Jack Pearadin and Doug Nelsen found a 1.73-carat diamond after nearly a year of searching the park's field.
So many doctors enter the medical profession on the heels of their parents. James Metrailer, though, wasn't a doctor's boy. No, he said, “I was a paper boy.”
Metrailer said he grew up on Polk Street by Holy Souls Catholic Church, where he attended school. He went to Catholic High School and the University of Arkansas.
Metrailer worked at St. Vincent Infirmary before he ever dreamed of being a doctor. It was a paper route promotion, a job delivering inside the hospital and out of the weather. He impressed the folks at the hospital enough that they later asked him to work in the business office, which he did. In college, he worked in what he laughingly termed the “food service industry.” Metrailer studied engineering the first two years in college. Then his sister's husband, a physician, “piqued my interest” in medicine, Metrailer said. He went to medical school at the University of Arkansas for Medical Sciences, and became an internist.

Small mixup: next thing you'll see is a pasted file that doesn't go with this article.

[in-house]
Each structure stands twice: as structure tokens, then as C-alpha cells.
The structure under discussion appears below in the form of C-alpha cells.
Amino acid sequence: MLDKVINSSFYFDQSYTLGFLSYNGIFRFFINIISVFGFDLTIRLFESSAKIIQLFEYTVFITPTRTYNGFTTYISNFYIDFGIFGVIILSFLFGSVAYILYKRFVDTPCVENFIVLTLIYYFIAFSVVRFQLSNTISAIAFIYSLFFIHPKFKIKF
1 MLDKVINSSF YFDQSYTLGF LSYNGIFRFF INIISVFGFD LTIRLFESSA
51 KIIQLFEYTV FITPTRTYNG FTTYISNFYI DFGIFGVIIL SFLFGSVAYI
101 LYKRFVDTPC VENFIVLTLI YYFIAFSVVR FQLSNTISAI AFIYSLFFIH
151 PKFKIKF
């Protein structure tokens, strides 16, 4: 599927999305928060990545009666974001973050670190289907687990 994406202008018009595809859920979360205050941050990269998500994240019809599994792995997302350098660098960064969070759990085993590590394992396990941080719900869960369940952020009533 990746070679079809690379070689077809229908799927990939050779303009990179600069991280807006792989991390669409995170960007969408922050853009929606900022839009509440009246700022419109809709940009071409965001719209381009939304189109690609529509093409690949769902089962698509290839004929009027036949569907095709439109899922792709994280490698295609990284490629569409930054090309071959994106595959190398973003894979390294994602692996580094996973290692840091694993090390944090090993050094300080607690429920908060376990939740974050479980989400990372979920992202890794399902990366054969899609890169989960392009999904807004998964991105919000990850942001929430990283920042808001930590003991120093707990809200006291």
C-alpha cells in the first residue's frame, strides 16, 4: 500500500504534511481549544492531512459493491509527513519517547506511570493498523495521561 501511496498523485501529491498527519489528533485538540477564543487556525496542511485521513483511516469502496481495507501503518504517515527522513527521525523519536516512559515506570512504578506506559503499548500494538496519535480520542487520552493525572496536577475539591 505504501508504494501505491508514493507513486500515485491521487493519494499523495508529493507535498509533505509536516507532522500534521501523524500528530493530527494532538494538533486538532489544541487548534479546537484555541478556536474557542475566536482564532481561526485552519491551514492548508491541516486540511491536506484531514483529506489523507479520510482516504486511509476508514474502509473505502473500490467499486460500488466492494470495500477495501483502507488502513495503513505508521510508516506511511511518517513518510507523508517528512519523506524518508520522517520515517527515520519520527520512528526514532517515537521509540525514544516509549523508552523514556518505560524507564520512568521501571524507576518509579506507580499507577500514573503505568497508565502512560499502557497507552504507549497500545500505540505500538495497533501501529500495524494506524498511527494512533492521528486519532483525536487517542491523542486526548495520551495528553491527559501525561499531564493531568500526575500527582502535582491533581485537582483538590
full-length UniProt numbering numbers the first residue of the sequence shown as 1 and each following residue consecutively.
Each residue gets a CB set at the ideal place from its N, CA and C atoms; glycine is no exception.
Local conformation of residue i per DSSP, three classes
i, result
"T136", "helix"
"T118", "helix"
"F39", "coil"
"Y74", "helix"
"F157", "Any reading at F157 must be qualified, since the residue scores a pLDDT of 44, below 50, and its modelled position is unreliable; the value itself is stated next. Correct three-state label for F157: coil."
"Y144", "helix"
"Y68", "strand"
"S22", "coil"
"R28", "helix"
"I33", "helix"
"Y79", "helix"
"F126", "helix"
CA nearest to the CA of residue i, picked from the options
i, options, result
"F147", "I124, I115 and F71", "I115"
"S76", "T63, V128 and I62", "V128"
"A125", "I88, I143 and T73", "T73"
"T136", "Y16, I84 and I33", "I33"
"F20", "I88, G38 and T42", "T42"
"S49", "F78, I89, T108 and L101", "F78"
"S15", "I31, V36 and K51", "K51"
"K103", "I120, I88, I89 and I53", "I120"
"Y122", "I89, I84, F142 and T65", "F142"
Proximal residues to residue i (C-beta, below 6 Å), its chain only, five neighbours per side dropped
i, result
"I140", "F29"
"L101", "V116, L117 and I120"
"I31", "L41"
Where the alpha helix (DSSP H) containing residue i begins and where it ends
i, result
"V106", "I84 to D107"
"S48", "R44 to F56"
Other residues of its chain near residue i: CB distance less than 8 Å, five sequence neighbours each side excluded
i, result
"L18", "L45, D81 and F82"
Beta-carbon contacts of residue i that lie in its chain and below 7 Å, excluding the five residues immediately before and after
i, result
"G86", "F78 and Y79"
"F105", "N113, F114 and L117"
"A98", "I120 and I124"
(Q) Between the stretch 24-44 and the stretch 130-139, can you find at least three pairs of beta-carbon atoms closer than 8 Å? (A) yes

But Metrailer decided he could spend more time with his wife and four children as a specialist, and hauled the family to Dallas, where he did a fellowship in gastroenterology.
Why gastroenterology? That's the question, Metrailer said, his patients ask “right before you give them the medicine to do their colonoscopy.”
“There are a lot of cute answers,” he said, but the real one is that technology — GI endoscopes and scans —can pinpoint problems to arrive at an accurate diagnosis more so than other areas of medicine. Better diagnoses lead to better treatment.
In 2000, television anchor Katie Couric, who'd lost her husband to colorectal cancer, aired her own colonoscopy on “The Today Show” to make the point that early, pre-symptomatic detection of the disease is life-saving. The so-called “Katie Couric Effect” — which has persuaded people in greater numbers to be screened — has helped lower the incidence of colorectal cancer in the United States. “If you look at cancers across the board,” Metrailer said, “the death rate has gone down, but not a great deal. If you look at colon cancer specifically it has gone down.” thanks to a greater awareness of its curability. “Every gastroenterologist in town can tell you stories of people who came in for screening and had cancer and the doctor was able to treat them successfully.”
Metrailer likes something else about his job: Meeting people. “Patients teach you a lot about life,” he said.
“How they face adversity. How they handle their joys and sadnesses — the human condition.”
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